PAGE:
The home loan application process can be a time consuming and frustrating exercise for those who do have the documentation required for a standard home loan. For small business owners without a payslip from an employer, this process can be even harder. Luckily, there may be loan options available to you in the form of alt-doc home loans.
If you’ve taken the leap of faith required to start your own business, you shouldn’t be punished for not having the documentation required in a standard mortgage application by the big banks. Alternatively, if you’ve struggled with your credit history in the past but are now in a financially stable position, shouldn’t there be lenders and options available to you?
This is where alt-doc home loans come in. Let’s explore everything you need to know about alt-doc home loans, and which Australians may benefit from one.
What is an alt-doc home loan?
An alt-doc, or alternative documentation loan, is designed to allow borrowers that do not have the standard documentation required for a traditional home loan to still get a foot on the property ladder.
Where full-doc loans (full-documentation traditional mortgages) may require three months of payslips from an employer, a business owner is unlikely to have this same information at hand. Even if their income is higher than the full-time employed borrower, self-employed borrowers may not be able to meet this component of the lending criteria of the application.
Alt-doc home loans are less rigid and allow for – as the name suggests – alternative income proof documentation to verify the borrower can service the home loan responsibly.
Alt-doc home loans are often referred to as low-doc (low documentation) home loans interchangeably. But where alt-doc loans are designed for borrowers that do not have traditional sources of income, low-doc home loans are for borrowers who have next to no income proof documentation. Understandably, this type of home loan is hard to come by nowadays, thanks to changes to responsible lending conduct, and reforms around low-doc loan approval.
What documents are required for an alt-doc home loan?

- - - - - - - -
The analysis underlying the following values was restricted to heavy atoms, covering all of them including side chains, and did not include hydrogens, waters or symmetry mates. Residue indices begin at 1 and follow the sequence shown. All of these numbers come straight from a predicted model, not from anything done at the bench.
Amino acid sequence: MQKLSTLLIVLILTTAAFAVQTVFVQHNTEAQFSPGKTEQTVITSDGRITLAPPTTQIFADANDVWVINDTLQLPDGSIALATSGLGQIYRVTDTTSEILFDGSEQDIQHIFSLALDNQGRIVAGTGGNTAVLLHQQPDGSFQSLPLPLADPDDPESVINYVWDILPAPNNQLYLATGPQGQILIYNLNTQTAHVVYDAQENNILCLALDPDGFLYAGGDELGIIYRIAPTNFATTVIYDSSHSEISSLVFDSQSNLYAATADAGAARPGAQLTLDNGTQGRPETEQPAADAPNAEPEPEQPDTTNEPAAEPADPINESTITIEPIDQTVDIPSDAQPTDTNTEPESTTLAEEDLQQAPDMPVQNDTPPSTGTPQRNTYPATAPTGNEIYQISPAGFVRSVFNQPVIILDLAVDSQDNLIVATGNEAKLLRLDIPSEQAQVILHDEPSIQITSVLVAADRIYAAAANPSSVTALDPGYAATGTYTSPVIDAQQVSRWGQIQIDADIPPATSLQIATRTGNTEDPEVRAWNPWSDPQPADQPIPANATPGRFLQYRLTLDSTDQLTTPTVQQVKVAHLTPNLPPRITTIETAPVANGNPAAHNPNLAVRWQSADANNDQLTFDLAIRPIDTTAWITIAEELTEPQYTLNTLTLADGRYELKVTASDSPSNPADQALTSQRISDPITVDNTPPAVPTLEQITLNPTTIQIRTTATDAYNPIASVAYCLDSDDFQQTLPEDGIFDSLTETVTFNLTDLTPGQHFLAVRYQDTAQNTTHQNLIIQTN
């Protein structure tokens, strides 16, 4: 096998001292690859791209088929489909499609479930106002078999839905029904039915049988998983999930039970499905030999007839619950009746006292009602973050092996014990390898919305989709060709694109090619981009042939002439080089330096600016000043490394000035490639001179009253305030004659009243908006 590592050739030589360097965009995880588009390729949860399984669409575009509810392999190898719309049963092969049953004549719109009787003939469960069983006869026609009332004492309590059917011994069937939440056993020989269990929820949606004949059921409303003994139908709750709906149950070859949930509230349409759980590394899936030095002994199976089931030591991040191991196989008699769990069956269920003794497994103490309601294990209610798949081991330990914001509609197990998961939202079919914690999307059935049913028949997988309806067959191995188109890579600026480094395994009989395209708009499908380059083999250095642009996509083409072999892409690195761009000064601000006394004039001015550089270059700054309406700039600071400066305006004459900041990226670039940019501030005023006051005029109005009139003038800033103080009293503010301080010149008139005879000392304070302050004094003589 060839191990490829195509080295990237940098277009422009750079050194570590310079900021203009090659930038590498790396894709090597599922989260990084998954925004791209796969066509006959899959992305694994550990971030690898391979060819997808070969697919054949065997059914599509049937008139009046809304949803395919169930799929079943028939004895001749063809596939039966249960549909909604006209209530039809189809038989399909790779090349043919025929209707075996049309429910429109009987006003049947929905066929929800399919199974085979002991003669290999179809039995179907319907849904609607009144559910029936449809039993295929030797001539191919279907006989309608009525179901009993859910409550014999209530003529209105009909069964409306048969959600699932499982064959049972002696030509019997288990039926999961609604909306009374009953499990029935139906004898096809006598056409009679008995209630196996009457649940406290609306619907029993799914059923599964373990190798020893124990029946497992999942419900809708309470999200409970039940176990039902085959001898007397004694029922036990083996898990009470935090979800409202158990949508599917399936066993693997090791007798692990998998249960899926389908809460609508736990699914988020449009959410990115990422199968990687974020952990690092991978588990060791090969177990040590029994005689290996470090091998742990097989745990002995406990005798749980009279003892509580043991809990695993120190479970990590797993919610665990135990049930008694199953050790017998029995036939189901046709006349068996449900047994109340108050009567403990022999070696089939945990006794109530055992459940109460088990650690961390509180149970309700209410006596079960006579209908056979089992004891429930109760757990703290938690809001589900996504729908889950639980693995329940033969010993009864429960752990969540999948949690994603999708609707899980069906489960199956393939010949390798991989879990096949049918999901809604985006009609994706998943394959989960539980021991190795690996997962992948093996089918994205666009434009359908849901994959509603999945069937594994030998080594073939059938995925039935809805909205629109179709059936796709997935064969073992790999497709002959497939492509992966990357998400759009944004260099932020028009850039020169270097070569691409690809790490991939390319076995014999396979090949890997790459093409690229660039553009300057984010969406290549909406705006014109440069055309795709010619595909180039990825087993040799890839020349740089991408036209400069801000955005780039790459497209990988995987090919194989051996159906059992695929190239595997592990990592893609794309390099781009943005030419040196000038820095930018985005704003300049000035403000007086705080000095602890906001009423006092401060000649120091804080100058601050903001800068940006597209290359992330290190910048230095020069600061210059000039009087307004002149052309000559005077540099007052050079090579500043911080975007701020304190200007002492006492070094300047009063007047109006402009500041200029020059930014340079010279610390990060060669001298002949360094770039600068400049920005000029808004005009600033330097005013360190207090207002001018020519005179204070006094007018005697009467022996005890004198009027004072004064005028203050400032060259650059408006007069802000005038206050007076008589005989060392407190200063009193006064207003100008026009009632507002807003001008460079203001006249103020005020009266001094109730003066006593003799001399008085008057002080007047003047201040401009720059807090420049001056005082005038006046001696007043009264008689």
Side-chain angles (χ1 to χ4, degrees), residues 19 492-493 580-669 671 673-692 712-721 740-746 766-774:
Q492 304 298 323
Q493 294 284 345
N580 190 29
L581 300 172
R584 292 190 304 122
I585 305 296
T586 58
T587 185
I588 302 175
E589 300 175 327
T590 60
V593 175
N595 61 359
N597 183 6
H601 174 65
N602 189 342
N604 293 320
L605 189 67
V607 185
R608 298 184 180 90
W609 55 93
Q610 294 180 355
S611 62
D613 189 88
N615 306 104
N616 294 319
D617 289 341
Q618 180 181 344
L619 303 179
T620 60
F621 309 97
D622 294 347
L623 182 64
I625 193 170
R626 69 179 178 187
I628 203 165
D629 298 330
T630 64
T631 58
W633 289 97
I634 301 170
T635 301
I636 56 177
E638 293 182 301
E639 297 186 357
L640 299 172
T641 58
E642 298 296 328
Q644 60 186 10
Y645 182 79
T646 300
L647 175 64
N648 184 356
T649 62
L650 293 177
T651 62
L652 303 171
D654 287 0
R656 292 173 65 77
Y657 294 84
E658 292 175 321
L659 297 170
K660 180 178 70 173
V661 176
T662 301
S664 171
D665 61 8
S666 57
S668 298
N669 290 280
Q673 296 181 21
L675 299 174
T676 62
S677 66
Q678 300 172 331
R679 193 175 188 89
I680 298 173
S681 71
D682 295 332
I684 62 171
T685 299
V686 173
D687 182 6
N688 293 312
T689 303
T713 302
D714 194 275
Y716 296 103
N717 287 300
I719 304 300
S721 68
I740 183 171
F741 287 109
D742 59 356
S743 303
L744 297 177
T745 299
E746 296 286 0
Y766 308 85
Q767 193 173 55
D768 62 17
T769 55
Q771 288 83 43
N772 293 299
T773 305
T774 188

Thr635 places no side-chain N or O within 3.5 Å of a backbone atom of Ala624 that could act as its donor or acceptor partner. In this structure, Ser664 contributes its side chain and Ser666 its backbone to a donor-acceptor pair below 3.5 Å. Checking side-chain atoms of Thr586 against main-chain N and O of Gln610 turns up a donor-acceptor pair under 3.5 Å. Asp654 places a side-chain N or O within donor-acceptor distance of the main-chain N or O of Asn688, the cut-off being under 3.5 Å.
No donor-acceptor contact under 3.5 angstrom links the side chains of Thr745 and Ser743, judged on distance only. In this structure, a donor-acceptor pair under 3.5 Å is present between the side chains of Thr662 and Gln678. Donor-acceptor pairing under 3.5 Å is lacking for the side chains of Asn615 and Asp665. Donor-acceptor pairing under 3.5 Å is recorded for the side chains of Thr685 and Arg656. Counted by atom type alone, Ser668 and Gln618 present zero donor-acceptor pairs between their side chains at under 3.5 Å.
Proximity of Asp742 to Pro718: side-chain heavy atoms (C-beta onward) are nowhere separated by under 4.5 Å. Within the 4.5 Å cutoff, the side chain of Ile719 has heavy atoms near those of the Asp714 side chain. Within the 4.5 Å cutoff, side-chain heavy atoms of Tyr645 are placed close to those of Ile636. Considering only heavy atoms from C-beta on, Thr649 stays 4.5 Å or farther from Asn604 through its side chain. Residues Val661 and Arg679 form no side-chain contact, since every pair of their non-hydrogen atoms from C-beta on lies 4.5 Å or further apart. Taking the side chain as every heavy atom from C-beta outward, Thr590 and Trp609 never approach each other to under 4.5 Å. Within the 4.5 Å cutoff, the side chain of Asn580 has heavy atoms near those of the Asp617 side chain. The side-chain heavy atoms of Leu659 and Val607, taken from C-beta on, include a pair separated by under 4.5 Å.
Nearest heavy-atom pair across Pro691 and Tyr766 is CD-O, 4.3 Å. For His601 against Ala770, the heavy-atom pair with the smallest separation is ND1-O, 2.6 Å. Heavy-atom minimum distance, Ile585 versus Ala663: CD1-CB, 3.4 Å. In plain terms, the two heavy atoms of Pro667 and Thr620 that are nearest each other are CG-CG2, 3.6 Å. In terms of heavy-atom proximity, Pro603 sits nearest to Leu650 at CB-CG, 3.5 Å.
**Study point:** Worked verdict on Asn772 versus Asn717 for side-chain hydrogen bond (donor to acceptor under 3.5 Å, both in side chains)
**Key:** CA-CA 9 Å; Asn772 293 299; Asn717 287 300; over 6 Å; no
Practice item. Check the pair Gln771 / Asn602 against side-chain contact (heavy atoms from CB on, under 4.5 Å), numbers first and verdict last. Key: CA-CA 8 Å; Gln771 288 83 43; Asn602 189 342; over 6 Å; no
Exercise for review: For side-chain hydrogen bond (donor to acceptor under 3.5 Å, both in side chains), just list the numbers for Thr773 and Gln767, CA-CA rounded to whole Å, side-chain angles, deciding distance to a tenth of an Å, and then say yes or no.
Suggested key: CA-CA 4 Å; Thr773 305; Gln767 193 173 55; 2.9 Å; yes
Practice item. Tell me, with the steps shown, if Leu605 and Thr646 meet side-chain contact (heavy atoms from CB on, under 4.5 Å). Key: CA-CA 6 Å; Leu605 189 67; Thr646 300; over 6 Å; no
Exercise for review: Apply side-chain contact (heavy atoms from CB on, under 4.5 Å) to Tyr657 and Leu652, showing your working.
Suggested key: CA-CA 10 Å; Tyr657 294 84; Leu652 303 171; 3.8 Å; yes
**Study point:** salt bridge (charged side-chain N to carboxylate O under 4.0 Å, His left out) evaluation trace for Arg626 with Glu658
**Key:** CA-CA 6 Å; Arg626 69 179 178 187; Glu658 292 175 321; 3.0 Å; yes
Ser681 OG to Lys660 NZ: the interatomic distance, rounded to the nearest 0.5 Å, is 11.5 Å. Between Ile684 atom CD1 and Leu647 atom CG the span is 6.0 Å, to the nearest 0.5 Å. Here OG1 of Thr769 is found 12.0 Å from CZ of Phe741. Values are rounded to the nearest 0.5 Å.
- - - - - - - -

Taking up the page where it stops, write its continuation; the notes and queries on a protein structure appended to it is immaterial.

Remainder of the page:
If you’re considering applying for an alt-doc home loan, it’s worth knowing what income documentation a lender does accept as part of its income verification process.
While the exact eligibility criteria can depend on the lender and your specific financial situation, it generally includes assessing your cash flow through the following:
- Australian Business Number (ABN) registered to the entity
- An accountant’s letter of declaration of your income
- 6-12 months of Business Activity Statements (BAS)
- 6 months of evidence of GST registration
- 6-12 months business bank statements
- 12 months of tax returns
- 3 months of personal bank statements or financial statements
The lender may use a combination of both your business financial and taxation history, as well as your personal banking information, to determine your capacity to service home loan repayments.
Keep in mind that any existing liabilities you have, such as a car loan or even a business loan, may be factored into your application and may impact the loan amount you can borrow.
Who should apply for an alt-doc home loan?
Alt-doc home loans are designed to help Australians with alternative income proof documentation gain approval for a home loan. These borrowers can be investors or owner-occupiers, and are typically:
- Self-employed individuals/sole traders; or
- Business owners – most commonly for small-to-medium enterprises (SMEs).
Additionally, if you have an average to poor credit score, but are now in a more financially stable position, an alt-doc home loan may be one option to consider. Some borrowers will use the flexibility of documentation needed for an alt-doc home loan to bolster their application.
When you apply for any credit product, like a home loan or a credit card, the credit provider will also perform a hard credit check on the applicant to ensure that your credit score is in a healthy range. However, if you have had adverse events in your credit history, like a late payment or default, you are less likely to gain approval for a traditional home loan.